WASHINGTON, April 1 (Reuters) - The initial enrollment period for President Barack Obama’s healthcare plan ended with the program on track to achieve its original goal to provide coverage to 7 million Americans, administration officials said on Tuesday.
Monday’s deadline came after a surge in registration despite a return of technical problems, including a longer-than-expected maintenance session, although nothing as serious as the problems that beset the launch of the HealthCare.gov website in October.
The site on Tuesday announced that open enrollment for Obamacare had closed but people whose applications were thwarted by technical problems would be given a chance to finish their registration.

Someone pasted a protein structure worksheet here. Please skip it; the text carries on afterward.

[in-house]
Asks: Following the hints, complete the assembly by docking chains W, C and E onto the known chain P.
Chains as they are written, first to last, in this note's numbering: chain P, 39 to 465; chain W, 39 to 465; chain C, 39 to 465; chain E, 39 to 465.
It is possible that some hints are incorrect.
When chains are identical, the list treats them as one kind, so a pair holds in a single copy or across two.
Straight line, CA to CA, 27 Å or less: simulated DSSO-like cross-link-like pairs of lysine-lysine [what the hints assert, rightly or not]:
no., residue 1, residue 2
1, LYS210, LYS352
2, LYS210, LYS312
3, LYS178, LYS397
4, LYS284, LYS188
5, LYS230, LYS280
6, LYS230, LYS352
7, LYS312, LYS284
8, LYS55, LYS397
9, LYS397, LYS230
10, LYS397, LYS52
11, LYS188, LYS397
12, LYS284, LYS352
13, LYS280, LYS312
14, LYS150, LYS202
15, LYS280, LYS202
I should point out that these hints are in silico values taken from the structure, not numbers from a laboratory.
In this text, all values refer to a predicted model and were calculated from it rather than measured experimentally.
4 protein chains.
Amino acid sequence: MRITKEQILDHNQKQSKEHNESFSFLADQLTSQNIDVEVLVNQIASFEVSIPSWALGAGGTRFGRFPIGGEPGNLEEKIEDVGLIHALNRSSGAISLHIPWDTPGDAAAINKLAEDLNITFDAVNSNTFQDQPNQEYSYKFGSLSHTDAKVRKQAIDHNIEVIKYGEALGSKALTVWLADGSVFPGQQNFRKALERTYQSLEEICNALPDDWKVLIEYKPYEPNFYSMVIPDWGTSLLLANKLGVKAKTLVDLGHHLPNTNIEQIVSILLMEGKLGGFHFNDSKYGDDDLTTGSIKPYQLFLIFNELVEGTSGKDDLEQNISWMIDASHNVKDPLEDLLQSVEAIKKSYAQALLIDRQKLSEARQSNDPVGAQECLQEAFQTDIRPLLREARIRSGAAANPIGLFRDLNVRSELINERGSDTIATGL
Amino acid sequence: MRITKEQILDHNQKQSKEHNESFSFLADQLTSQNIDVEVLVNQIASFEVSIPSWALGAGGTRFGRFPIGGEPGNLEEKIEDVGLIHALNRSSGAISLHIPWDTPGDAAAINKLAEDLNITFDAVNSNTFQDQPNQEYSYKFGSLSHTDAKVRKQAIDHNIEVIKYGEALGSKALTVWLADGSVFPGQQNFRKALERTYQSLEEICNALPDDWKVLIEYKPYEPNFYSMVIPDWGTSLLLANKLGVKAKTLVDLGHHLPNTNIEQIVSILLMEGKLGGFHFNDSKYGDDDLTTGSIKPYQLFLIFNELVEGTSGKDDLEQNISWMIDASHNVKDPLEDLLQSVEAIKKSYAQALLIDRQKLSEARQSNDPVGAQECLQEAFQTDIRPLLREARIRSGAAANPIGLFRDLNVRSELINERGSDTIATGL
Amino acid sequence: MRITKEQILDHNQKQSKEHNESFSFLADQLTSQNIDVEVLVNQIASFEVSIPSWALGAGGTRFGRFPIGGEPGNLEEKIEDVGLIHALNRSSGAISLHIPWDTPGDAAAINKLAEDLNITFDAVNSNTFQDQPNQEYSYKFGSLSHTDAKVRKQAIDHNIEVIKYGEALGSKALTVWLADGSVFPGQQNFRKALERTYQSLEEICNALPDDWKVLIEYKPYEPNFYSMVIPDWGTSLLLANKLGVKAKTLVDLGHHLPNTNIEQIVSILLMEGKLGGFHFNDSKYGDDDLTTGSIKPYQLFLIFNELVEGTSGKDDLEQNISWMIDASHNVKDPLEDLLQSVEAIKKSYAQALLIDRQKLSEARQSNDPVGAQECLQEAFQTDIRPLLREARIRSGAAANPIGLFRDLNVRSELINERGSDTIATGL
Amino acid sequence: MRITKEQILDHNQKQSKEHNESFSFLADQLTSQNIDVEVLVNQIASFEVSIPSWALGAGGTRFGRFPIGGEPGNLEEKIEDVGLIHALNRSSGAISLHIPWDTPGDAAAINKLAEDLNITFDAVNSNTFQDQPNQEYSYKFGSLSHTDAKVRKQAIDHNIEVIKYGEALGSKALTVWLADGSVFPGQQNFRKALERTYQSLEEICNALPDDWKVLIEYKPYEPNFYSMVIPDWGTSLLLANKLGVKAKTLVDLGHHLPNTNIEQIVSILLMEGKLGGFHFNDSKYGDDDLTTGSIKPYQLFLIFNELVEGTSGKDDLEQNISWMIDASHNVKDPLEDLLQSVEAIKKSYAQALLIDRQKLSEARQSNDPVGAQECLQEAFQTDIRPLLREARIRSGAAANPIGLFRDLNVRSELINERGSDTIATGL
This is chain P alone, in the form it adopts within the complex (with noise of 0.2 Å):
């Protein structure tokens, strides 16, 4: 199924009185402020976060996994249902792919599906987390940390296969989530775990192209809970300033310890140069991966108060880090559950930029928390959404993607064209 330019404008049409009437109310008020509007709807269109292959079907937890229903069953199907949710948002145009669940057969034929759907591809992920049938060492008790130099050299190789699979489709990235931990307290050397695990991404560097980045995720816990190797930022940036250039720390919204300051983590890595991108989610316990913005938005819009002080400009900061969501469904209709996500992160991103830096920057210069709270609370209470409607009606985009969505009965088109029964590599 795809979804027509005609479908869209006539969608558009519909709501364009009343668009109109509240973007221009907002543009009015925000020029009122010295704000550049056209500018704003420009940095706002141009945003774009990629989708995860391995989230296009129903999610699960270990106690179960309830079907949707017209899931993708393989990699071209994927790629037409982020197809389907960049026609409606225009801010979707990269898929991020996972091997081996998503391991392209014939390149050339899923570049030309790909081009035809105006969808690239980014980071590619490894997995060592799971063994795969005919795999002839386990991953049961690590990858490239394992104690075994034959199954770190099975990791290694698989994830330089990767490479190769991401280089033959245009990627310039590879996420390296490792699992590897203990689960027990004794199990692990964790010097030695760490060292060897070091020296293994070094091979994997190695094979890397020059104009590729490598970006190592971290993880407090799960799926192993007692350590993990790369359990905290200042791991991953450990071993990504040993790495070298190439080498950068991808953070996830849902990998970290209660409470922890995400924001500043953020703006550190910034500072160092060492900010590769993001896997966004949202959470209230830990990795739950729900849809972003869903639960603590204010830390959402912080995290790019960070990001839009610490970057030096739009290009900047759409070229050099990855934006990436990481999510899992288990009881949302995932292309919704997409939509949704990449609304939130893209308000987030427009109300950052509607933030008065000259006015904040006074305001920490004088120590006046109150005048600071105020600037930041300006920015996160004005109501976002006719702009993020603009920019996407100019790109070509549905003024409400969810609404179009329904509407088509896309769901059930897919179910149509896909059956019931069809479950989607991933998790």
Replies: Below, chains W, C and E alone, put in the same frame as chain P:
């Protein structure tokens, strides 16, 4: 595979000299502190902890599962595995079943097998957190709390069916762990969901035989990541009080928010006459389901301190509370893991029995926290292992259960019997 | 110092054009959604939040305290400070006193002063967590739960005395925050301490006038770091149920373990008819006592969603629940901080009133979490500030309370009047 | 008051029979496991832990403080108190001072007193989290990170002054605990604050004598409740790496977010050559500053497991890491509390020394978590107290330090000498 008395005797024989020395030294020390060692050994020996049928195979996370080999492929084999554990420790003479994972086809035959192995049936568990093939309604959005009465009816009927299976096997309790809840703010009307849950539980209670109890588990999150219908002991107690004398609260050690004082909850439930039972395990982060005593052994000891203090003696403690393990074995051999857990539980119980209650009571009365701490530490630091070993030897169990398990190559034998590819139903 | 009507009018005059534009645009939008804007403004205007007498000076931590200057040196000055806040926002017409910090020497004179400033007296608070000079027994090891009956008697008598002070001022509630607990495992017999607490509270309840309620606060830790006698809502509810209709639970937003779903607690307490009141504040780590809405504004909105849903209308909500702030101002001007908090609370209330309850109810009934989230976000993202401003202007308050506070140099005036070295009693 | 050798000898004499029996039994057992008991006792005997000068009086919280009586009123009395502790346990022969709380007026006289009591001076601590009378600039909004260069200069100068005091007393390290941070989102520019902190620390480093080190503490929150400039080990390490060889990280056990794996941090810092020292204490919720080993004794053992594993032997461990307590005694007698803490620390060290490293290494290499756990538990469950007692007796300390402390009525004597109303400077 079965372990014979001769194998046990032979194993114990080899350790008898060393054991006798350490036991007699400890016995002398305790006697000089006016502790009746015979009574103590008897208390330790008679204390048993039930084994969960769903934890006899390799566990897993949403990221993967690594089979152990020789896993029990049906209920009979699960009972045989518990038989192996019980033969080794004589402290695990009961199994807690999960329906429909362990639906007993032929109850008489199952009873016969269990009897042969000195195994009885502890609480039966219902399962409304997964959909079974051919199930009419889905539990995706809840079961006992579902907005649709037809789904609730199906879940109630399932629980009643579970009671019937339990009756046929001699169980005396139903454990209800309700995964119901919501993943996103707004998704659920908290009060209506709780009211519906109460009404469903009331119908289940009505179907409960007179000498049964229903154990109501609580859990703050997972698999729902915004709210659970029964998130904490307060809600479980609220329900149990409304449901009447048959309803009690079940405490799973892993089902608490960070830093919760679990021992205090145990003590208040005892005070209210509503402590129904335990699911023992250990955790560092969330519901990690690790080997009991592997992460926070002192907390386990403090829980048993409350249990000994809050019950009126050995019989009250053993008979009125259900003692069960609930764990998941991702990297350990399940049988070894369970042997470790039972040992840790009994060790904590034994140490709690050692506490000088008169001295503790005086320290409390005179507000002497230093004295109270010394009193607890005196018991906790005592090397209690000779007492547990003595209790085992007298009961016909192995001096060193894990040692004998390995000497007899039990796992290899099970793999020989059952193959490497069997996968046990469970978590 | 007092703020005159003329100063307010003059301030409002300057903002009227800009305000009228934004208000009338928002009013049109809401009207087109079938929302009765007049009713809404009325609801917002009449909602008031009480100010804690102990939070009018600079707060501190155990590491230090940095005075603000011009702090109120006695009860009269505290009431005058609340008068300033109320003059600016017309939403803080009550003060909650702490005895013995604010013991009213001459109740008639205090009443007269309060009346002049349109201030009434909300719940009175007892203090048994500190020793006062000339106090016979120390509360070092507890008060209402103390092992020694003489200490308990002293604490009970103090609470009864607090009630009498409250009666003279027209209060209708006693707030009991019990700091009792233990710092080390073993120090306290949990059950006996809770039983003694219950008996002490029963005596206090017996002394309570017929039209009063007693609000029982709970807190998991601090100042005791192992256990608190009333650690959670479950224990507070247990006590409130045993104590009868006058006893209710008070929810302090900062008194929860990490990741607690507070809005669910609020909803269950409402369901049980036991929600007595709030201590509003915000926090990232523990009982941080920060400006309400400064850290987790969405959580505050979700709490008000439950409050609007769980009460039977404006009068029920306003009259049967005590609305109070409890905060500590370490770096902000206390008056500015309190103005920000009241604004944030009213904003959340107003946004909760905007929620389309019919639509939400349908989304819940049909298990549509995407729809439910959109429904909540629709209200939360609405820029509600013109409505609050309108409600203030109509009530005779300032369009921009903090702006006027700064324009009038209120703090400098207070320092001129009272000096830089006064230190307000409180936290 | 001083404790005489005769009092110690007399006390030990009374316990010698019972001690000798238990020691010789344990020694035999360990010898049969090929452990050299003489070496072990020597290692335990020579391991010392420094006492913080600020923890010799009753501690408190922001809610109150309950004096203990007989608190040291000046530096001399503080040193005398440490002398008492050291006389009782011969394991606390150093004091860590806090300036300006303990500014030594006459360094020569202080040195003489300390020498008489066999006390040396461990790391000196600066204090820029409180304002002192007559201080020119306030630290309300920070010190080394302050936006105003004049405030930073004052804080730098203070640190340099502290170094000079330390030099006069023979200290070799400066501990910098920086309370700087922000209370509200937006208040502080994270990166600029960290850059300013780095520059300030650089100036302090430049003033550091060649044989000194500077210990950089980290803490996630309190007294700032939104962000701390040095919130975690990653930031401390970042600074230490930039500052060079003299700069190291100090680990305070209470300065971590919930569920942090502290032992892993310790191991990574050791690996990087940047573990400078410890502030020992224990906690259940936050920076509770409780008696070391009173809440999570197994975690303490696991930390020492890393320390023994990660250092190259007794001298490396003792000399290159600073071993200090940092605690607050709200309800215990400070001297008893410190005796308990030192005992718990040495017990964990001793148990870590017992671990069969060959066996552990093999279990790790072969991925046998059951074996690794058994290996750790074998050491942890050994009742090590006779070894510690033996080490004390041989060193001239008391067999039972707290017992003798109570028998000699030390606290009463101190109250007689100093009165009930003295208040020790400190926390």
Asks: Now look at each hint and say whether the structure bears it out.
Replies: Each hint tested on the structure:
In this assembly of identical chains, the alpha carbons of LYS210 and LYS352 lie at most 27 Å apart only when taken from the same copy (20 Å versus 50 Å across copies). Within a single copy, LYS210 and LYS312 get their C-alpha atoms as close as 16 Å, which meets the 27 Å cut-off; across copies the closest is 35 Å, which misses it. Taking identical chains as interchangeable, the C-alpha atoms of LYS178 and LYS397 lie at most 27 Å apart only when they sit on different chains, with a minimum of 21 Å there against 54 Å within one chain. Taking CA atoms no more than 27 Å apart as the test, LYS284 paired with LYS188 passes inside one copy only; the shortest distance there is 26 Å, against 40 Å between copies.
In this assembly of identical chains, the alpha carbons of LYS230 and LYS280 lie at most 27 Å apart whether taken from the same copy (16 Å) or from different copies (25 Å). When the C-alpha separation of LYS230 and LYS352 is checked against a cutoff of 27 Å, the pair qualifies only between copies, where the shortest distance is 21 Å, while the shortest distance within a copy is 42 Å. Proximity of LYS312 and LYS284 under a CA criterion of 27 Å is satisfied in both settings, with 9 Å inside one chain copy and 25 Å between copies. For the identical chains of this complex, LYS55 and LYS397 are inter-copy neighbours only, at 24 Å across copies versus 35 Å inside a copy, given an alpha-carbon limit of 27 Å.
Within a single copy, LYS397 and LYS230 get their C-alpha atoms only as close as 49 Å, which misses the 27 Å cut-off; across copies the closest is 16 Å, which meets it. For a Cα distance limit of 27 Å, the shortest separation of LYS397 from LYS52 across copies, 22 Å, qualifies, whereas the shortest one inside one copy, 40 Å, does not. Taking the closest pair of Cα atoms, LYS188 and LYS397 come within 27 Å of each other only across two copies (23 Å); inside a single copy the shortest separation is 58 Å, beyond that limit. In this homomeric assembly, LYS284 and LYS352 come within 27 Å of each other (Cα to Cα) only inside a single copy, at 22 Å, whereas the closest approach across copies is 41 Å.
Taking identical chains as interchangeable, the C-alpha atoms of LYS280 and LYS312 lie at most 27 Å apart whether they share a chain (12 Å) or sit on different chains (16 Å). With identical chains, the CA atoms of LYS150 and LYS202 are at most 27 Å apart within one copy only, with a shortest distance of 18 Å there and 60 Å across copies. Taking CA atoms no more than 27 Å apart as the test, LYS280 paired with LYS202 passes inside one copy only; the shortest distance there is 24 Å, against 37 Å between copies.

By last week more than 6 million people had signed up for private health coverage through the new Obamacare insurance markets, surpassing a target set after a disastrous October rollout called the enrollment process into question.
Obama administration officials said Tuesday the late surge in enrollment had the program “on track” to reach 7 million registrants, which was its original goal.
“We admittedly had just a terrible start because the website wasn’t working, and despite losing effectively two months, we are going to be reasonably close to that original projection,” Obama said in an interview aired Monday on “The CBS Evening News.”
Joanne Peters, spokeswoman for the U.S. Department of Health and Human Services, said that in addition to record traffic on the website, The Medicare & Medicaid phone center handled a record number of calls.
A successful enrollment would give an important political boost to the administration and its Democratic allies, who are locked in an election year battle with Republicans over the future of Obamacare. (Reporting by David Morgan; Writing by Bill Trott; Editing by Sofina Mirza-Reid)